There are many moments that mould the athletes of today; they are made up of pride, disappointment, triumph, and heartache. GRAZIA speaks to the Australian Olympic team on the moments, the people and the discipline required to finally step onto the court. For first-time Olympian Ezi Magbegor, the honour is certainly not lost on her. Here she appears to celebrate the power of sport to build community and change the world.
GRAZIA: When did you realise you could take your sport to a professional level? How old were you?
Ezi Magbegor: “I was 15 when I was offered a scholarship to the Australian Institute of Sport. That was a turning point for me personally as a basketball player. It’s where my love for the game was able to grow, where I was able to develop my skills and grow into my body a little more. Being immersed in an elite sporting program opens your eyes to possibilities that you didn’t know were available to you. I had insight into life as a professional athlete and that’s when I knew I wanted to be one.”
How did you feel when you were selected to participate in the 2021 games?
EM: “Honestly, a little relieved. When I received the phone call from Sandy [the National Team coach] telling me that I had been selected for the team, I felt a lot of the anticipation leave my body. I think that relief was quickly followed by gratitude.”
“Becoming an Olympian isn’t easy. It is something that only a handful of individuals get to experience, and I am blessed to be one of them. You tend to remember a lot of your firsts, so I’ll definitely remember my first time being selected as an Olympian.”
When you step out to the court, what is racing through your mind before you compete?
EM: “I try to stay calm before a game. Over the years I’ve learnt a lot about myself and I know that I play better relaxed. So, the only thing I try to have in my mind is the scout or game plan for that game. The less I have racing through my mind the better. Obviously for a big game there are nerves. That is expected. For me, it’s aiming to transfer that nervous energy onto the court.”
In preparation for the Games, tell me three moments: Your proudest. Your most defining. Your lowest.
EM: “My proudest moment would be becoming an Olympian. 100 percent. Whenever people asked me what my basketball goals were, that was always number one on the list; to represent Australia at an Olympic Games. To be able to do that this year is something that I am extremely proud of
In retrospect, I think my most defining moment came during my junior career. While I was at the Australian Institute of Sport, I grew so much as a player, but also as a person. I think it was there where I was able to define myself as a player. I don’t think I really understood my potential, or who I was capable of becoming until then.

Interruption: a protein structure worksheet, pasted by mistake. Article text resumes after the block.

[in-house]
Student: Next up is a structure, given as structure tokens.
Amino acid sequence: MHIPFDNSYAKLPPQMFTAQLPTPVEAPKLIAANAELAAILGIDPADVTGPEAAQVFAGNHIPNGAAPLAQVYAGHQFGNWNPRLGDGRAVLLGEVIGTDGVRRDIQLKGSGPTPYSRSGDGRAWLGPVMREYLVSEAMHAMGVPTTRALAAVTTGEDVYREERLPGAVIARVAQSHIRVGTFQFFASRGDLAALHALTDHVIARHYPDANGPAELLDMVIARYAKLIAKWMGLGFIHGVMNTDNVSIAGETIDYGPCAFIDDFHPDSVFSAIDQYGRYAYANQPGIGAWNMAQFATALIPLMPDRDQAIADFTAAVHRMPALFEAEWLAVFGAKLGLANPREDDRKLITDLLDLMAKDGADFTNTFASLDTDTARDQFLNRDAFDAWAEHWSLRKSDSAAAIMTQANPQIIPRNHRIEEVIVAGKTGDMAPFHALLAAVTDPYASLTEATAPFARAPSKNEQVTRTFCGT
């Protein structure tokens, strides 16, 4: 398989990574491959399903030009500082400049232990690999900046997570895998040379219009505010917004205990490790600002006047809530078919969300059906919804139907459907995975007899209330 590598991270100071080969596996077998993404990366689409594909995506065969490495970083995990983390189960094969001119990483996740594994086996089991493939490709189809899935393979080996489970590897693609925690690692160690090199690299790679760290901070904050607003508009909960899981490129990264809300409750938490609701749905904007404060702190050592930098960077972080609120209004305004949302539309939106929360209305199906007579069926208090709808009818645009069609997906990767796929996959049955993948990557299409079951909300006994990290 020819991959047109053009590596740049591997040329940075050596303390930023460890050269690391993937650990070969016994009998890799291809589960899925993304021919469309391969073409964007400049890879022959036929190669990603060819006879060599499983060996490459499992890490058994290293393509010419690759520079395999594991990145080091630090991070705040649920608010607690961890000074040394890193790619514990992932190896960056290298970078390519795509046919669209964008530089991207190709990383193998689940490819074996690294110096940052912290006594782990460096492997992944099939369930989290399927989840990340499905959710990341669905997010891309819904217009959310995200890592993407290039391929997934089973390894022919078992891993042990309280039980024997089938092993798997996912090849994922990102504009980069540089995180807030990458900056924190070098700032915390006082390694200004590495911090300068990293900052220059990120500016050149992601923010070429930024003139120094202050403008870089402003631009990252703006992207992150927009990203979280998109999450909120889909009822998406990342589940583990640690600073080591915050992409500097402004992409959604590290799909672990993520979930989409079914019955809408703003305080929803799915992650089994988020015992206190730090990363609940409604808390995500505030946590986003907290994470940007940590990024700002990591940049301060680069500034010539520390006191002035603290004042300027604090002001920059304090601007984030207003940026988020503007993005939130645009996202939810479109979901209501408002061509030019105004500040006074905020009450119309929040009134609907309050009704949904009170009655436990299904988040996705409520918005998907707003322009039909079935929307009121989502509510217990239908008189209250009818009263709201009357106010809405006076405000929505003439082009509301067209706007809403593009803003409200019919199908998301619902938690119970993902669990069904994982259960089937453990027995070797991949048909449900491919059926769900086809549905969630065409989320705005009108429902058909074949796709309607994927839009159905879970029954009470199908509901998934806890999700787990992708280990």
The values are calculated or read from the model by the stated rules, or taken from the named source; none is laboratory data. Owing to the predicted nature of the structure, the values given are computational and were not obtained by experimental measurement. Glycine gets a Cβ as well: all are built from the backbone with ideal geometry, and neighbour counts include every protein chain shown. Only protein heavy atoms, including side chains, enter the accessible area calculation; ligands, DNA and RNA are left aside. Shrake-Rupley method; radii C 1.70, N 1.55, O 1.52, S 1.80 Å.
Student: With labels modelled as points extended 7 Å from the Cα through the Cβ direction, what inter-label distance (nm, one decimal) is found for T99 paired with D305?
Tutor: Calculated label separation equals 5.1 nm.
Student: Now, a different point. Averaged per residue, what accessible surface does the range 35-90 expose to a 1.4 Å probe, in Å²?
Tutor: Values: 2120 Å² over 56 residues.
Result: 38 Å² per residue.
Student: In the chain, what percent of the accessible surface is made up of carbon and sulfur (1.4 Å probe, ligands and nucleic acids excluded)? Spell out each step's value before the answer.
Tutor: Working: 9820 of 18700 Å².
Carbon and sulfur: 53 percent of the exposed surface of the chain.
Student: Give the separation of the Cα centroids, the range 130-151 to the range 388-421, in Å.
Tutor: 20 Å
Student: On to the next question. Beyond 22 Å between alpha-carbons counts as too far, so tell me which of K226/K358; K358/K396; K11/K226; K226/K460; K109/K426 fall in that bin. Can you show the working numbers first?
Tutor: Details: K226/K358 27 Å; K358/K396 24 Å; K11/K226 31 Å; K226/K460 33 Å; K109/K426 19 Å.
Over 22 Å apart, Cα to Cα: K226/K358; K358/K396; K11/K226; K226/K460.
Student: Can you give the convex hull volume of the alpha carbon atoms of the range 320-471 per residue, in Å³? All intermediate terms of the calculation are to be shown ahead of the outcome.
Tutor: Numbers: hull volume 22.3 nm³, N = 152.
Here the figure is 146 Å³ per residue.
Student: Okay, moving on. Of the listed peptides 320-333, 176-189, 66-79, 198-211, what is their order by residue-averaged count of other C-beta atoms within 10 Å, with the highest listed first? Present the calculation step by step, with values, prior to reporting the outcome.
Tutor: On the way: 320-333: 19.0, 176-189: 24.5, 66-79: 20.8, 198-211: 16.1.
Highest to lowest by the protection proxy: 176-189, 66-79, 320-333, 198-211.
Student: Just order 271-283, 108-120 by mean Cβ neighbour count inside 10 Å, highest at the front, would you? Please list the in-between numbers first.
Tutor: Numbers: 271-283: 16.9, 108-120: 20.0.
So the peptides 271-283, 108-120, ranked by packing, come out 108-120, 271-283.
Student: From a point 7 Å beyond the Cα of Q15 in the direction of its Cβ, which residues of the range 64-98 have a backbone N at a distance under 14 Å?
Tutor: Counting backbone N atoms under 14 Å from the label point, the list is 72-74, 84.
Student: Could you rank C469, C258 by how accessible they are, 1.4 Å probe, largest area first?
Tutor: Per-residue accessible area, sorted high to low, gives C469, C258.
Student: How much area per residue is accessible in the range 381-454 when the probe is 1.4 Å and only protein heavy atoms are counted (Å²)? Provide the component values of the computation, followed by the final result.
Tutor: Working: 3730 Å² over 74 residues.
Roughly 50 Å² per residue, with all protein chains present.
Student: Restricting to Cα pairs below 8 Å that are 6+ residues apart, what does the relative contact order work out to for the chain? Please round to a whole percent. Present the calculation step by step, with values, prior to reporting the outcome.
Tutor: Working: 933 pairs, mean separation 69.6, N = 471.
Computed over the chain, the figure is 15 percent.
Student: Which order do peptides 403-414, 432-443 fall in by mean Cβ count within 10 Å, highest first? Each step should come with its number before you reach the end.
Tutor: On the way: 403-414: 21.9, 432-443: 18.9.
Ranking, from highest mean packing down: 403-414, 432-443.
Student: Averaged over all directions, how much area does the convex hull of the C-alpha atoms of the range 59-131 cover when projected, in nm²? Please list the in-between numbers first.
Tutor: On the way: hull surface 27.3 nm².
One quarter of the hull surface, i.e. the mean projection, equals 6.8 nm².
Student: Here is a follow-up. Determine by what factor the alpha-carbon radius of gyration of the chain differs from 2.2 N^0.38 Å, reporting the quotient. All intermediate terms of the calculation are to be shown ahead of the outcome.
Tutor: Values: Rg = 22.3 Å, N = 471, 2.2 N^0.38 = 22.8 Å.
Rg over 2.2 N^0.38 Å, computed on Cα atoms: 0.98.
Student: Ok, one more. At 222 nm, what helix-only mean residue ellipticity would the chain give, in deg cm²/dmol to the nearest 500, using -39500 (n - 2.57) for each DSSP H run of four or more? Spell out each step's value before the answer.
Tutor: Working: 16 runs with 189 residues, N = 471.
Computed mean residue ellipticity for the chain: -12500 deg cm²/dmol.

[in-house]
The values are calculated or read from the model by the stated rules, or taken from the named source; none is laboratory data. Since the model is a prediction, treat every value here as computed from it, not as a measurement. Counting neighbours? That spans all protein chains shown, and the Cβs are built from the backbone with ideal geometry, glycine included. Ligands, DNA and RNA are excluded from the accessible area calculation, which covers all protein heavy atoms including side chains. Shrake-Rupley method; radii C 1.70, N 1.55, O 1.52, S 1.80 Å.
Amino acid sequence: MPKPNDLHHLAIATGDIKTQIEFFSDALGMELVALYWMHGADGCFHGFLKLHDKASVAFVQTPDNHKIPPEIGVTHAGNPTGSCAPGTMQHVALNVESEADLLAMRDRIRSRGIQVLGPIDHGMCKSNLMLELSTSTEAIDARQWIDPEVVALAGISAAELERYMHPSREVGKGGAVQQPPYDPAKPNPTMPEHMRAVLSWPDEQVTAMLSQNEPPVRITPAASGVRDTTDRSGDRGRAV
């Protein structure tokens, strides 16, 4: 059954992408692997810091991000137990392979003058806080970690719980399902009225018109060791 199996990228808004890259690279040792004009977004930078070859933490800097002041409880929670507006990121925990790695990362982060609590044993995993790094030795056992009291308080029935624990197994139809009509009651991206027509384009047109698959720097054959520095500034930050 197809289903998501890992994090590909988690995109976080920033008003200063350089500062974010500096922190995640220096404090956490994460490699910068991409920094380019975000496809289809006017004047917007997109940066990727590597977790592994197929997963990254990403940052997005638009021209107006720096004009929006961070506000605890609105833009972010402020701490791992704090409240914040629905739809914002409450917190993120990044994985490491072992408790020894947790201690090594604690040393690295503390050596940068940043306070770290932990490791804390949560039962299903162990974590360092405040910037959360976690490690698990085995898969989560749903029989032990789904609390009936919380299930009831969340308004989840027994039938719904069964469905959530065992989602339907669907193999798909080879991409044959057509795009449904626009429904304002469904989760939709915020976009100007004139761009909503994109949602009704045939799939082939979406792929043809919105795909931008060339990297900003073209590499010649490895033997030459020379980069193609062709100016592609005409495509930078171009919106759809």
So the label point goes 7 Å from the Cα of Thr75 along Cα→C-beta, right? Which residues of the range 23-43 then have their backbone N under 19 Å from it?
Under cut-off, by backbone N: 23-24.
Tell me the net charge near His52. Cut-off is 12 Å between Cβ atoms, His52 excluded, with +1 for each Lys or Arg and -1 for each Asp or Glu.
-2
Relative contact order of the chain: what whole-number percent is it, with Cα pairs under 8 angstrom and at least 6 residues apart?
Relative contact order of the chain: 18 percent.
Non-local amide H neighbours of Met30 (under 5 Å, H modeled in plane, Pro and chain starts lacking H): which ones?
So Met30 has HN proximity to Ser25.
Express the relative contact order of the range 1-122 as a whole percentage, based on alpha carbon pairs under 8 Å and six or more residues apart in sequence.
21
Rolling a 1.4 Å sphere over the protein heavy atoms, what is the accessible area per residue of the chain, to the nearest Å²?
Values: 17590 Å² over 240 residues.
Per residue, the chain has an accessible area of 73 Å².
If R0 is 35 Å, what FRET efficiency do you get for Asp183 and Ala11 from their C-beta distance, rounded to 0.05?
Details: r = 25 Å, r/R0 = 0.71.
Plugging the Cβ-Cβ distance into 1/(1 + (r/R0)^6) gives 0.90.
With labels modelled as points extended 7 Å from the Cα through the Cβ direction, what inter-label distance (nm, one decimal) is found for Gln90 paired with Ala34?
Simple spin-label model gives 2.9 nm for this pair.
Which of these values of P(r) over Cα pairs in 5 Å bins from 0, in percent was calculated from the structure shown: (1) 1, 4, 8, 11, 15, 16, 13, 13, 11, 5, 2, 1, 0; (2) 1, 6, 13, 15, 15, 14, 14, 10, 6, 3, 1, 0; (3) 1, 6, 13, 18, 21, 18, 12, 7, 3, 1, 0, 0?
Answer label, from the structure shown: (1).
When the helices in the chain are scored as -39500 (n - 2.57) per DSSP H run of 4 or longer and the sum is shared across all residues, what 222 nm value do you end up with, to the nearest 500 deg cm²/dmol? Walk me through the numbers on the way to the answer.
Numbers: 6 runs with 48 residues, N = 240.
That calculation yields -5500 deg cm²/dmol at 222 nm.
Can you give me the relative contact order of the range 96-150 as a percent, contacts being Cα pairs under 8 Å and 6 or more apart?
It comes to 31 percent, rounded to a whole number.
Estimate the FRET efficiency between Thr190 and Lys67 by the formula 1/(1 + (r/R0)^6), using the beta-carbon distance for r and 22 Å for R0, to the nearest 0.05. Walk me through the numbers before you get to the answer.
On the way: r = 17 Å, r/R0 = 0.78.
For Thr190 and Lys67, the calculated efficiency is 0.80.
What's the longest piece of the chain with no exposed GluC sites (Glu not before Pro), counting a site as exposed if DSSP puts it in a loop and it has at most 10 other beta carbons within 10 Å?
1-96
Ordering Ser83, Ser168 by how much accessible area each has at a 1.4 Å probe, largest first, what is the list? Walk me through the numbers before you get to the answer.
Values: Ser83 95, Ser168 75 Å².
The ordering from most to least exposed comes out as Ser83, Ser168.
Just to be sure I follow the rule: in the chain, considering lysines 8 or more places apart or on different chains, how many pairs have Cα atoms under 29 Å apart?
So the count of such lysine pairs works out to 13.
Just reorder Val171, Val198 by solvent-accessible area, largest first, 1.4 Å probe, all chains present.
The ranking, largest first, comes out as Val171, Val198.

My lowest moment was being cut from my first Victoria Metro Team. I wasn’t at a super low point, but it was enough to spark something in me that made me ensure I did everything I could to make the team the following year. I knew I didn’t want to feel that way again.”
What does a week of training look like for you?
EM: “Training looks different throughout the year, depending on what time of the year and what competition I am preparing for. I am currently in the middle of an Opals Training Camp where we have one to two sessions a day, which are either on court or shooting or weights. Having those sessions ensures that my teammates and I are prepared for whatever competition is coming up. I think incorporating a variety of workouts into a training regime is important as it targets areas that extend off the court as well.”
On your hardest days, what drives you to keep going?
EM: “My family. I am really close with my family and I know that no matter where I am at in my life, how successful or unsuccessful I am, my family will always be there. Having to play overseas and being away from my family, there are definitely days where it gets tough. I have a big family so it’s nice to know I have five people who will pick up the phone no matter how late it is. So on the tough days I think of them.”
No matter the result, who will you be thanking?
EM: “My family. Teammates. Coaches. I always struggle with this question because there are so many people that have helped me to get to where I am today. There are so many people that rallied around me and created a community that I was a part of and am still part of. From domestic clubs to national team coaches, I will always be grateful because, as with a lot of things, it takes a village.”
The TOKYO 2020 OLYMPIC GAMES will run from July 21 to August 8. Explore more athlete stories here.